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The United Kingdom and the Netherlands maternity care responses to COVID-19: A comparative study

van den Berg, L. M. M., Balaam, M-C., Nowland, R. , Moncrieff, G., Topalidou, A., Thompson, S., Thomson, G., Jonge, A., Downe, S., Ellison, G., Fenton, A., Heazell, A., Kingdon, C., Matthews, Z., Severns, A., Wright, A., Akooji, N., Cull, J., Berg, L., Crossland, N., Feeley, C., Franso, B., Heys, S., Sarian, A., Booker, M., Sandall, J., Thornton, J., Lynskey-Wilkie, T., Wilson, V., Abe, R., Awe, T., Adeyinka, T., Bender-Atik, R., Brigante, L., Brione, R., Cadee, F., Duff, E., Draycott, T., Fisher, D., Francis, A., Franx, A., Erasmus, M. C., Frith, L., Griew, L., Harmer, C., Homer, C., Knight, M., Mansfield, A., Marlow, N., Mcaree, T., Monteith, D., Reed, K., Richens, Y., Rocca-Ihenacho, L. ORCID: 0000-0002-8161-3938, Ross-Davie, M., Talbot, S., Taylor, M. & Treadwell, M. (2022). The United Kingdom and the Netherlands maternity care responses to COVID-19: A comparative study. Women and Birth, doi: 10.1016/j.wombi.2022.03.010

Abstract

Background
The national health care response to coronavirus (COVID-19) has varied between countries. The United Kingdom (UK) and the Netherlands (NL) have comparable maternity and neonatal care systems, and experienced similar numbers of COVID-19 infections, but had different organisational responses to the pandemic. Understanding why and how similarities and differences occurred in these two contexts could inform optimal care in normal circumstances, and during future crises.

Aim
To compare the UK and Dutch COVID-19 maternity and neonatal care responses in three key domains: choice of birthplace, companionship, and families in vulnerable situations.

Method
A multi-method study, including documentary analysis of national organisation policy and guidance on COVID-19, and interviews with national and regional stakeholders.

Findings
Both countries had an infection control focus, with less emphasis on the impact of restrictions, especially for families in vulnerable situations. Differences included care providers’ fear of contracting COVID-19; the extent to which community- and personalised care was embedded in the care system before the pandemic; and how far multidisciplinary collaboration and service-user involvement were prioritised.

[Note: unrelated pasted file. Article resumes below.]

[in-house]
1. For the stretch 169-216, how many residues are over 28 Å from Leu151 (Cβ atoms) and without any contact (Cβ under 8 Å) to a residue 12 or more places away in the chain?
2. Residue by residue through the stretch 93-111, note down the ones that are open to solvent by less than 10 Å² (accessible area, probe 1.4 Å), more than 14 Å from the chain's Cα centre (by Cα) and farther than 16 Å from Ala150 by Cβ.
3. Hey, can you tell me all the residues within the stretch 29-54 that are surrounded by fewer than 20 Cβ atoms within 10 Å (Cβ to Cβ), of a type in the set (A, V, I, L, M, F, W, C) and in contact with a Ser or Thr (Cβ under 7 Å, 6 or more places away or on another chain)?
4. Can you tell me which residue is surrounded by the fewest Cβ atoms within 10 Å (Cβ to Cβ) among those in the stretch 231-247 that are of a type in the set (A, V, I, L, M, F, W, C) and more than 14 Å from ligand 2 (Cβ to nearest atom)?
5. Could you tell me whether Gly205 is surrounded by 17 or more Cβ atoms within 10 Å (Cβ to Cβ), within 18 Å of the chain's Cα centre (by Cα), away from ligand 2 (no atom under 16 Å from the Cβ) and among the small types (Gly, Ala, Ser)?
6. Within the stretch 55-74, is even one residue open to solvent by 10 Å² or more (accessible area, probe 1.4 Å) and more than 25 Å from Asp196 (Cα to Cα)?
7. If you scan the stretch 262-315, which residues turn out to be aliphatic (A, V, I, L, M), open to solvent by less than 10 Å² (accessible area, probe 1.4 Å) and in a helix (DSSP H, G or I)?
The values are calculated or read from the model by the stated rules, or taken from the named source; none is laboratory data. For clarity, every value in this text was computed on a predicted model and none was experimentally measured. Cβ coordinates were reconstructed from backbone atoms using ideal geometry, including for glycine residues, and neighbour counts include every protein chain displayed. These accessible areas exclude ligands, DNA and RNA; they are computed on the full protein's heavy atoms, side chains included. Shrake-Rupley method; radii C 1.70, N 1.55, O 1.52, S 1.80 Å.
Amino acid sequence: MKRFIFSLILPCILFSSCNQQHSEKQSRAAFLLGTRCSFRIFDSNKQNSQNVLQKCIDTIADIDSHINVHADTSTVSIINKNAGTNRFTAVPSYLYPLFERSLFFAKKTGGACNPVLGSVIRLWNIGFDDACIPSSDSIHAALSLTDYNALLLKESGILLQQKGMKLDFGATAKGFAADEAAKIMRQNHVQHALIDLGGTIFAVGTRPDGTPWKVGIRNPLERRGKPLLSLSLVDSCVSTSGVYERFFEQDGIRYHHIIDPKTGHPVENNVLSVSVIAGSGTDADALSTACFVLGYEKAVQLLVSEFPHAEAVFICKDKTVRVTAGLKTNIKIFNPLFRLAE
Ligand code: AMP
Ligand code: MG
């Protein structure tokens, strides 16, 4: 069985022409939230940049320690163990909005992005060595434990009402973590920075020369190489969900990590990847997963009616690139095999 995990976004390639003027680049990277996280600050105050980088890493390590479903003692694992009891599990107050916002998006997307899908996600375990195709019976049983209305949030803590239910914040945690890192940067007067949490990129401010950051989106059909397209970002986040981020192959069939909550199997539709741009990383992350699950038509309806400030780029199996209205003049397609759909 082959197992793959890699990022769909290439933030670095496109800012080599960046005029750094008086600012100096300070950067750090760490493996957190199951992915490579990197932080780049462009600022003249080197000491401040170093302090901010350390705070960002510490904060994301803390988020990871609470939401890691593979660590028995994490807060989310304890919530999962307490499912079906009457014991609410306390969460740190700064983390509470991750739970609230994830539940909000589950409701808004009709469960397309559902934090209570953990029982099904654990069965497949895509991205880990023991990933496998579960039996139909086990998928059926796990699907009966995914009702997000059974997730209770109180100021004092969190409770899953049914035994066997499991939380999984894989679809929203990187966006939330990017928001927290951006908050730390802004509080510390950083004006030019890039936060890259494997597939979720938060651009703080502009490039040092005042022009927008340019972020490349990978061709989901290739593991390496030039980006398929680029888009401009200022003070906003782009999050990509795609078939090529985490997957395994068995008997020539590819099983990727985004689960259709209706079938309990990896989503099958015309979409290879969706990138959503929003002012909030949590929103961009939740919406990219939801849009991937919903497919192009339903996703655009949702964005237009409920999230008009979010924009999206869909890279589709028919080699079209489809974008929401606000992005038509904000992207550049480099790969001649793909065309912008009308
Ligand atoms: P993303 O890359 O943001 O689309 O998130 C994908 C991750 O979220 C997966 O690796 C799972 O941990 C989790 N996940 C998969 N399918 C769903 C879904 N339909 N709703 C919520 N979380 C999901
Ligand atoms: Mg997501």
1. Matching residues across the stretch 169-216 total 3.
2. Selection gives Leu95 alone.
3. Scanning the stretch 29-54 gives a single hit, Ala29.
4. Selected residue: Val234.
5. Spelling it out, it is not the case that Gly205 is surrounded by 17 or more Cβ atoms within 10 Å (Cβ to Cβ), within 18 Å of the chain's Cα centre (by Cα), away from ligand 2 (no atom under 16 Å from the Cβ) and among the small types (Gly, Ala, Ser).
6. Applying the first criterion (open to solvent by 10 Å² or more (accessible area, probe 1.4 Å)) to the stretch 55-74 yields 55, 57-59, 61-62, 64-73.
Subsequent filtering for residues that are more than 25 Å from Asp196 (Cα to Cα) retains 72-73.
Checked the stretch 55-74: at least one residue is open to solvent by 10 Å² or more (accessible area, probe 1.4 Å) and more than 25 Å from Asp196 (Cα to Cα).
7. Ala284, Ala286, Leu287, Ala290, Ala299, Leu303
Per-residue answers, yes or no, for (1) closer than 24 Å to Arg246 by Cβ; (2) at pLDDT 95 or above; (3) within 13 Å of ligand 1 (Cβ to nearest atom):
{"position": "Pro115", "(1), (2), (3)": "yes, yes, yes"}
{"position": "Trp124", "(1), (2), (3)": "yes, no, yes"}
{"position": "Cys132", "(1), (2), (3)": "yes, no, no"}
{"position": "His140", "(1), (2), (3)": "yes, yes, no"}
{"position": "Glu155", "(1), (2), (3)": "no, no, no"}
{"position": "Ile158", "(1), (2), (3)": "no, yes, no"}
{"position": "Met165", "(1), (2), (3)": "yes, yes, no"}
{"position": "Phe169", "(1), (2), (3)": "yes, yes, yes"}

Conclusion
We recommend that countries should 1) make a systematic plan for crisis decision-making before a serious event occurs, and that this must include authentic service-user involvement, multidisciplinary collaboration, and protection of staff wellbeing 2) integrate women’s and families’ values into the maternity and neonatal care system, ensuring equitable inclusion of the most vulnerable and 3) strengthen community provision to ensure system wide resilience to future shocks from pandemics, or other unexpected large-scale events.

Publication Type: Article
Additional Information: © 2022 The Authors. Published by Elsevier Ltd on behalf of Australian College of Midwives. This is an open access article under the CC BY license (http://creativecommons.org/licenses/by/4.0/).
Publisher Keywords: COVID-19, Maternal Health Services, Newborn Care, Infection Control, United Kingdom, Netherlands, Policy Drivers
Subjects: H Social Sciences > HM Sociology
H Social Sciences > HN Social history and conditions. Social problems. Social reform
Q Science > QR Microbiology
R Medicine > RA Public aspects of medicine > RA0421 Public health. Hygiene. Preventive Medicine
R Medicine > RG Gynecology and obstetrics
Departments: School of Health Sciences > Midwifery & Radiography
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